I was sitting in front of the Matador Bookstore enjoying a late lunch when I overheard a student next to me asking a friend on the phone if she or he would write him a six-to-eight page paper for one of his classes.
I figured I might have misheard; maybe the guy was asking his friend to help him edit it, or type it, because he didn’t have a computer or something. Nope, as the conversation went on, I realized the guy was outright asking his friend to do his dirty work for him. He said he’d give the person $50 to do the paper.
There’s a reason why most professors’ syllabi talk about the university policy on cheating. There are some pretty harsh punishments to be had for anyone caught cheating, the most extreme of which is expulsion.
I can imagine an elementary or middle school student tinkering with the idea of cheating and maybe even getting away with it, but at the college level, not only is it more risky, it’s also more stupid. It doesn’t matter whether you’re a freshman at 17 or 18, a senior at 28, or a grad student at any age. The fact remains that cheating is something that’s done by people whose age is closer to the average college student’s shoe size.
Cheaters have any number of reasons for doing what they do: they’re stressed with other classes, work, family issues, the list could go on. Perhaps they forgot about the assignment, their grade is in jeopardy and they can’t ask for an extension or turn an assignment in late. Maybe they know a friend who’s an expert in that subject, or who was in the same class that can save the day.
But the fact remains that all of those reasons are just excuses. Behind the byline, I’m a full-time student like thousands of others here at CSUN. I have to deal with term papers, exams, family issues, being broke, and my own forgetfulness just as often as anyone else. Yet never in my college career have I cheated, and I’m quite proud of that fact.
Each month, I find myself trying to balance my checkbook, chastising myself as I wonder where all the money went. If someone came up to me and offered me $50, I’d probably give it good thought; that $50 could pay for my food on-campus for several weeks, if not a month. But if that same person said they’d give it to me if I wrote their paper for them, I’d turn them down in an instant.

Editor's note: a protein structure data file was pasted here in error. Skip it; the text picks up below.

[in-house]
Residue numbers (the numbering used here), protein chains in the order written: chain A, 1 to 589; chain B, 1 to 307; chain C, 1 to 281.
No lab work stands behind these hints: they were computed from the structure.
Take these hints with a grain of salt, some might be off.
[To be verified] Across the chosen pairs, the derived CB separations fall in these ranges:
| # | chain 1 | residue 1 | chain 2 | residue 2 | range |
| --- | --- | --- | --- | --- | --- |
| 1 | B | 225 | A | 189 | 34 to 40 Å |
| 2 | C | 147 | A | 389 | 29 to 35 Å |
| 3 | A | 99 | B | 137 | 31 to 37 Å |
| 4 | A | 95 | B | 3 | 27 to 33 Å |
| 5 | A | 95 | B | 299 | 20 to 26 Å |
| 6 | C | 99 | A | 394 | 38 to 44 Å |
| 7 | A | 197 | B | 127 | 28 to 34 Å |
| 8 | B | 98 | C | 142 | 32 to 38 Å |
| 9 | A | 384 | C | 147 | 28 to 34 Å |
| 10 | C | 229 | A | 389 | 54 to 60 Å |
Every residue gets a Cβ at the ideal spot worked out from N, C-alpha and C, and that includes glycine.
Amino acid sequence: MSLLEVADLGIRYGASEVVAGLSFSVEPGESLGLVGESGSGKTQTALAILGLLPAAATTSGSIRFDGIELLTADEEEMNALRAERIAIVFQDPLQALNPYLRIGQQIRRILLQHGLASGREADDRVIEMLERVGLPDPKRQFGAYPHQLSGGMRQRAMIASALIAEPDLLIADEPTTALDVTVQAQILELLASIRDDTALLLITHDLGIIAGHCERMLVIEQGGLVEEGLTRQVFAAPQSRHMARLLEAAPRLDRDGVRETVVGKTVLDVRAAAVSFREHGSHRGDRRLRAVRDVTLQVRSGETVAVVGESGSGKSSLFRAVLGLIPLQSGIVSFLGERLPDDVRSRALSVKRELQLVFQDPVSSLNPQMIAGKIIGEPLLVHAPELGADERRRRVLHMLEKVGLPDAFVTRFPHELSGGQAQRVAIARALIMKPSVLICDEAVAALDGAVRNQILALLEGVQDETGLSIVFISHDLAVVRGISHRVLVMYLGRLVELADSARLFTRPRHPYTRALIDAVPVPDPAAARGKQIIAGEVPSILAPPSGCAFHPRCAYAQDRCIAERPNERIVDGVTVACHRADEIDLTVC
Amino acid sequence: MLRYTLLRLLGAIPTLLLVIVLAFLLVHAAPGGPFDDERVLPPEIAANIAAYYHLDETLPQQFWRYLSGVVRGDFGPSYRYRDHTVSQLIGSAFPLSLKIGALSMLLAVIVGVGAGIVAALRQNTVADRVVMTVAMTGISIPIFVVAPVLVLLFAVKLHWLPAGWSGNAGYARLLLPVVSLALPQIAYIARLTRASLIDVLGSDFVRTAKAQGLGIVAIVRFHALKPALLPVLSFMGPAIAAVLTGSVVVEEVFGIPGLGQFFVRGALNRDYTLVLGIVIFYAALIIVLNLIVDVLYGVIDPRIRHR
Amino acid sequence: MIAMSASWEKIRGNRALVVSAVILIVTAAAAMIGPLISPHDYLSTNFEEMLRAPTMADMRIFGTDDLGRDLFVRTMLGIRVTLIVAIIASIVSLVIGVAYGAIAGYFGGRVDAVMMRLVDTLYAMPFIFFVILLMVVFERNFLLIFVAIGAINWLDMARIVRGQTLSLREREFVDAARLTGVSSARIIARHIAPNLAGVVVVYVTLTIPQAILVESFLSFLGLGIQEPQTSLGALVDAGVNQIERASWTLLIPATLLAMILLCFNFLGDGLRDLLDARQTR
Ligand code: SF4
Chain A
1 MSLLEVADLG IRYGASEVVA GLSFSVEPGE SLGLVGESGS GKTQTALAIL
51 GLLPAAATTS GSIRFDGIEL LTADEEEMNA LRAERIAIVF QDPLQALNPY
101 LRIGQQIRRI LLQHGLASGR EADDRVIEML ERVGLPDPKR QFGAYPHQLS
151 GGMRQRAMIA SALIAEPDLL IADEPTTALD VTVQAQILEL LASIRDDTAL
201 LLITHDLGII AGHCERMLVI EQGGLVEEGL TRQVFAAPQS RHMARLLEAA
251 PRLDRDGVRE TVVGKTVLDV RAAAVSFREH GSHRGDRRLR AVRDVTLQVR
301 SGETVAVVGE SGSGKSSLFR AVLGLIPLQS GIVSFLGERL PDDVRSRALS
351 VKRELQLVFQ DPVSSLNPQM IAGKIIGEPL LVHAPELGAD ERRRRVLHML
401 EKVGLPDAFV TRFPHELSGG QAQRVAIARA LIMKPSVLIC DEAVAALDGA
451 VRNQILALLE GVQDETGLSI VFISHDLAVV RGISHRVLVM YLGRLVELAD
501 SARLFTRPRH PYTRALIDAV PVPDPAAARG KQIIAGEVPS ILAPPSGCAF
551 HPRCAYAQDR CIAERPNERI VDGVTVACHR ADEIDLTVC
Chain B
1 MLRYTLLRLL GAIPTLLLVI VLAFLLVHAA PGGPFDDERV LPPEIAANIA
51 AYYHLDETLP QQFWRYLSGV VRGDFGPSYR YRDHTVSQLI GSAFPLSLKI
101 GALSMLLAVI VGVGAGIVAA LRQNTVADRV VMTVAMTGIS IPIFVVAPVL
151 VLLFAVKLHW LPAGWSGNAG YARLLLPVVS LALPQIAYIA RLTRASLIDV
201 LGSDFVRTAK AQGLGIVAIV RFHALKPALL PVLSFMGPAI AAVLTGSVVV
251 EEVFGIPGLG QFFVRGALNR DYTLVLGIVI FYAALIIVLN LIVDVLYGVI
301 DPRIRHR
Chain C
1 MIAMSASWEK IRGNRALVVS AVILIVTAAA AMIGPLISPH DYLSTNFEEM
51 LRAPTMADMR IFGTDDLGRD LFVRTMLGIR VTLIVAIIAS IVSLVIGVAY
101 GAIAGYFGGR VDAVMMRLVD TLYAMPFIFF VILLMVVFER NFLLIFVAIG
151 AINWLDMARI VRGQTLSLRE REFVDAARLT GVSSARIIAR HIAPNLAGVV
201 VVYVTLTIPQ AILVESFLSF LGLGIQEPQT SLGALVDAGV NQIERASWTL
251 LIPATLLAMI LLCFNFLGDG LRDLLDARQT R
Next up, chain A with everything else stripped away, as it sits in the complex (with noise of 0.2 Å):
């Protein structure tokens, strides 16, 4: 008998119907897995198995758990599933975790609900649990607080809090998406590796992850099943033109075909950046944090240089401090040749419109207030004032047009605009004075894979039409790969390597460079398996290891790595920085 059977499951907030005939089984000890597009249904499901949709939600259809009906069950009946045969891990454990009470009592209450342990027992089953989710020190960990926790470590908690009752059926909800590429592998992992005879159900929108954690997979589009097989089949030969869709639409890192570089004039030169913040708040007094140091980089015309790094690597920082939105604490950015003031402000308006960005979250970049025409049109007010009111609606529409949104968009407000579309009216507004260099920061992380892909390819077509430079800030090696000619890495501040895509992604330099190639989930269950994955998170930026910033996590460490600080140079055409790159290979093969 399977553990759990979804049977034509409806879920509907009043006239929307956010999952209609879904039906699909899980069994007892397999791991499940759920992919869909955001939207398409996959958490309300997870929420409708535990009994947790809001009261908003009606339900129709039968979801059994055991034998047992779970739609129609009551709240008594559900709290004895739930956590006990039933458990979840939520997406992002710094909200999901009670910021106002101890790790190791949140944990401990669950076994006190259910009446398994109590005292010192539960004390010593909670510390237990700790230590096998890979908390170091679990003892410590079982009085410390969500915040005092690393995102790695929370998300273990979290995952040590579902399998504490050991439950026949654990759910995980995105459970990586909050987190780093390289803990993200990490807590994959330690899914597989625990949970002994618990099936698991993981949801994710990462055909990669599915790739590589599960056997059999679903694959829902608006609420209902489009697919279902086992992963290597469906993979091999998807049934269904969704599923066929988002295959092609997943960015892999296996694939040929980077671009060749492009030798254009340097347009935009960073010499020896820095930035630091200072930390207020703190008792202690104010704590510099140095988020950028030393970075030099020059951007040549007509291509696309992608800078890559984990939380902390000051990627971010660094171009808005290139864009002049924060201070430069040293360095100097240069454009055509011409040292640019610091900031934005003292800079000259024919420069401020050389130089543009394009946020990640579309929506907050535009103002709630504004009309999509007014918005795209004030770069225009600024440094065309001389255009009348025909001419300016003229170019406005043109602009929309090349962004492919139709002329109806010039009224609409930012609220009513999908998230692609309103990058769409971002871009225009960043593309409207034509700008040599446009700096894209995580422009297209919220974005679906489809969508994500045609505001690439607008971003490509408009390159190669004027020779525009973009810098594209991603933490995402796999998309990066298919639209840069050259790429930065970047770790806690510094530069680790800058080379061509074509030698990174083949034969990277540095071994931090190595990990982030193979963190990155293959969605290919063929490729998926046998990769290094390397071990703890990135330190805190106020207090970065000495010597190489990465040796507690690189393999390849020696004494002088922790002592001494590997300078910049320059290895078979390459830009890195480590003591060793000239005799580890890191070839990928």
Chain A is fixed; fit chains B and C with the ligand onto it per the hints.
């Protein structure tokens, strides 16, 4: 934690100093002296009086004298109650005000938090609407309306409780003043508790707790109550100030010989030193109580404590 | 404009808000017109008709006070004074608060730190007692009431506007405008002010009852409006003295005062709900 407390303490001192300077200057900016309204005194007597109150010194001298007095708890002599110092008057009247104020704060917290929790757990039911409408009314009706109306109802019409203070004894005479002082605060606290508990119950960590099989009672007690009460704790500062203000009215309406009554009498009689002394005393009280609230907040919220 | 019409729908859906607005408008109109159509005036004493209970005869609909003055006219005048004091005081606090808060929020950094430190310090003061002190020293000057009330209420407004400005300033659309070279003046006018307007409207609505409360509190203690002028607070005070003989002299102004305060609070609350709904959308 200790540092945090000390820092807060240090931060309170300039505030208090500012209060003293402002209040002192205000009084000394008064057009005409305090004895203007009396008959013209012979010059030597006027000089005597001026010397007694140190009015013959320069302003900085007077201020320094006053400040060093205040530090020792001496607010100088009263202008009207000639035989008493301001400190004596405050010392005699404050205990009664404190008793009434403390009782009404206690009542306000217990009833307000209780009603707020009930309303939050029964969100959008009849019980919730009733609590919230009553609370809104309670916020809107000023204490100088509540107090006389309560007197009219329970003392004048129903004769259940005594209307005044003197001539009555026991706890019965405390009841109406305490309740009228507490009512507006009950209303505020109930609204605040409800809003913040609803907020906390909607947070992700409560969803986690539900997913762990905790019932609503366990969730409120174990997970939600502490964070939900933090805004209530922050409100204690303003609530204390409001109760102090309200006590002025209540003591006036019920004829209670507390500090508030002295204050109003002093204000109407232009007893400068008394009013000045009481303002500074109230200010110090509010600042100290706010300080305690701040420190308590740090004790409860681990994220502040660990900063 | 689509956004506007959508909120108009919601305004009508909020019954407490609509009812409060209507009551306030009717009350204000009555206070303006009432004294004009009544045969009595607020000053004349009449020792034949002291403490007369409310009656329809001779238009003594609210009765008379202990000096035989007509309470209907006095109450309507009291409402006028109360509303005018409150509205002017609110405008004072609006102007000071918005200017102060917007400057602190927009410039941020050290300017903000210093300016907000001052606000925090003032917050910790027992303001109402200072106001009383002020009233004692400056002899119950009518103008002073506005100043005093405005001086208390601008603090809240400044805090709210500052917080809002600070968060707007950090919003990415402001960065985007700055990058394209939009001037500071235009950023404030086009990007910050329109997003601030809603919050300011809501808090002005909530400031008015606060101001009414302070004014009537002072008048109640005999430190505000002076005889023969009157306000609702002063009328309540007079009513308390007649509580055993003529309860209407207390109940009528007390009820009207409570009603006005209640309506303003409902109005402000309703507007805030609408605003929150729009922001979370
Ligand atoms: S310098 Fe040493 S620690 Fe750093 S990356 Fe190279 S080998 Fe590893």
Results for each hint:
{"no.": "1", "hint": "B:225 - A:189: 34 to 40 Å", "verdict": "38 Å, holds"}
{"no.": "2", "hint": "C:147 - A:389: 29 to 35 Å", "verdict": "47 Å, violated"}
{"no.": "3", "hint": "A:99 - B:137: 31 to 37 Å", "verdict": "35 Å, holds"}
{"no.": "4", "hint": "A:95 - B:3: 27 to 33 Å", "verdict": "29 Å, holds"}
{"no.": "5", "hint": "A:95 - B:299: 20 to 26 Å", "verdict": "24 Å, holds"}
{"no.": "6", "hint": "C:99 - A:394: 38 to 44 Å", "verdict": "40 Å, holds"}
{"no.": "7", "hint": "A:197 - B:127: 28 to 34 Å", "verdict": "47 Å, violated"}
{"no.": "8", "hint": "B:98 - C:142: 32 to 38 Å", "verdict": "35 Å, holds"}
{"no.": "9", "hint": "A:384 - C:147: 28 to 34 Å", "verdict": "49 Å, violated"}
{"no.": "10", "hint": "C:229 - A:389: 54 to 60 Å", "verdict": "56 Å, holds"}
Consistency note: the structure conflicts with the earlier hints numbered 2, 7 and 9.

Why? It’s obviously not because I don’t want the money, but it’s because I hold myself to a higher standard than that. I have more integrity than that. Believe it or not, integrity is actually something that shows– not just in the way you carry yourself and how you treat others, but in the work you produce, whether that work is a term paper or a big project at work.
College is just the beginning of a long period of time when we’ll have to make tough decisions; not cheating on a class paper should really be the least difficult of those decisions. For me, it’s a no-brainer: your professor would have to have no brains to not detect a cheater in this day in age.
For upper division classes where you regularly submit writing assignments, don’t you think your professor would realize the difference between your writing style and someone else’s? And even if you’re not in one of those kind of classes, consider that the advent of the Internet makes things infinitely easier them and difficult for you at the same time.
Sure, you can copy and paste a paragraph from Wikipedia, but what makes you think your teacher can’t do the same, and find out just where you got that information from?
I would honestly like to find that guy who sat near me that day in front of the bookstore. I’d ask him if it’s really worth it to put his personal integrity, his relationship with his friend and his teacher, his reputation and his friend’s reputation on the line like that. Is $50 worth it for something that can get you kicked out of college and looked down upon, not just by your professors, but by your peers, potential employers and other institutions? I think not.
That day I was sitting in front of the bookstore; I’d just completed a major presentation for one of my classes. Murphy’s Law was in full swing that day, and anything that could have gone wrong went wrong. Somehow I managed to complete the presentation, turn it in and answer my professor’s questions. I left class that day feeling like a huge burden had been lifted off my shoulders, but I knew that there was a lot more work ahead of me. To top it off, there’s work, my family, money and plenty more to worry about.
But I can handle it. I’ve been handling it for 22 years now. All of that isn’t exclusive to here and now; it’s life. And I don’t want to live a life ashamed, thinking that I couldn’t dedicate a few hours out of what I hope will be a long, fulfilling life to write my own term paper.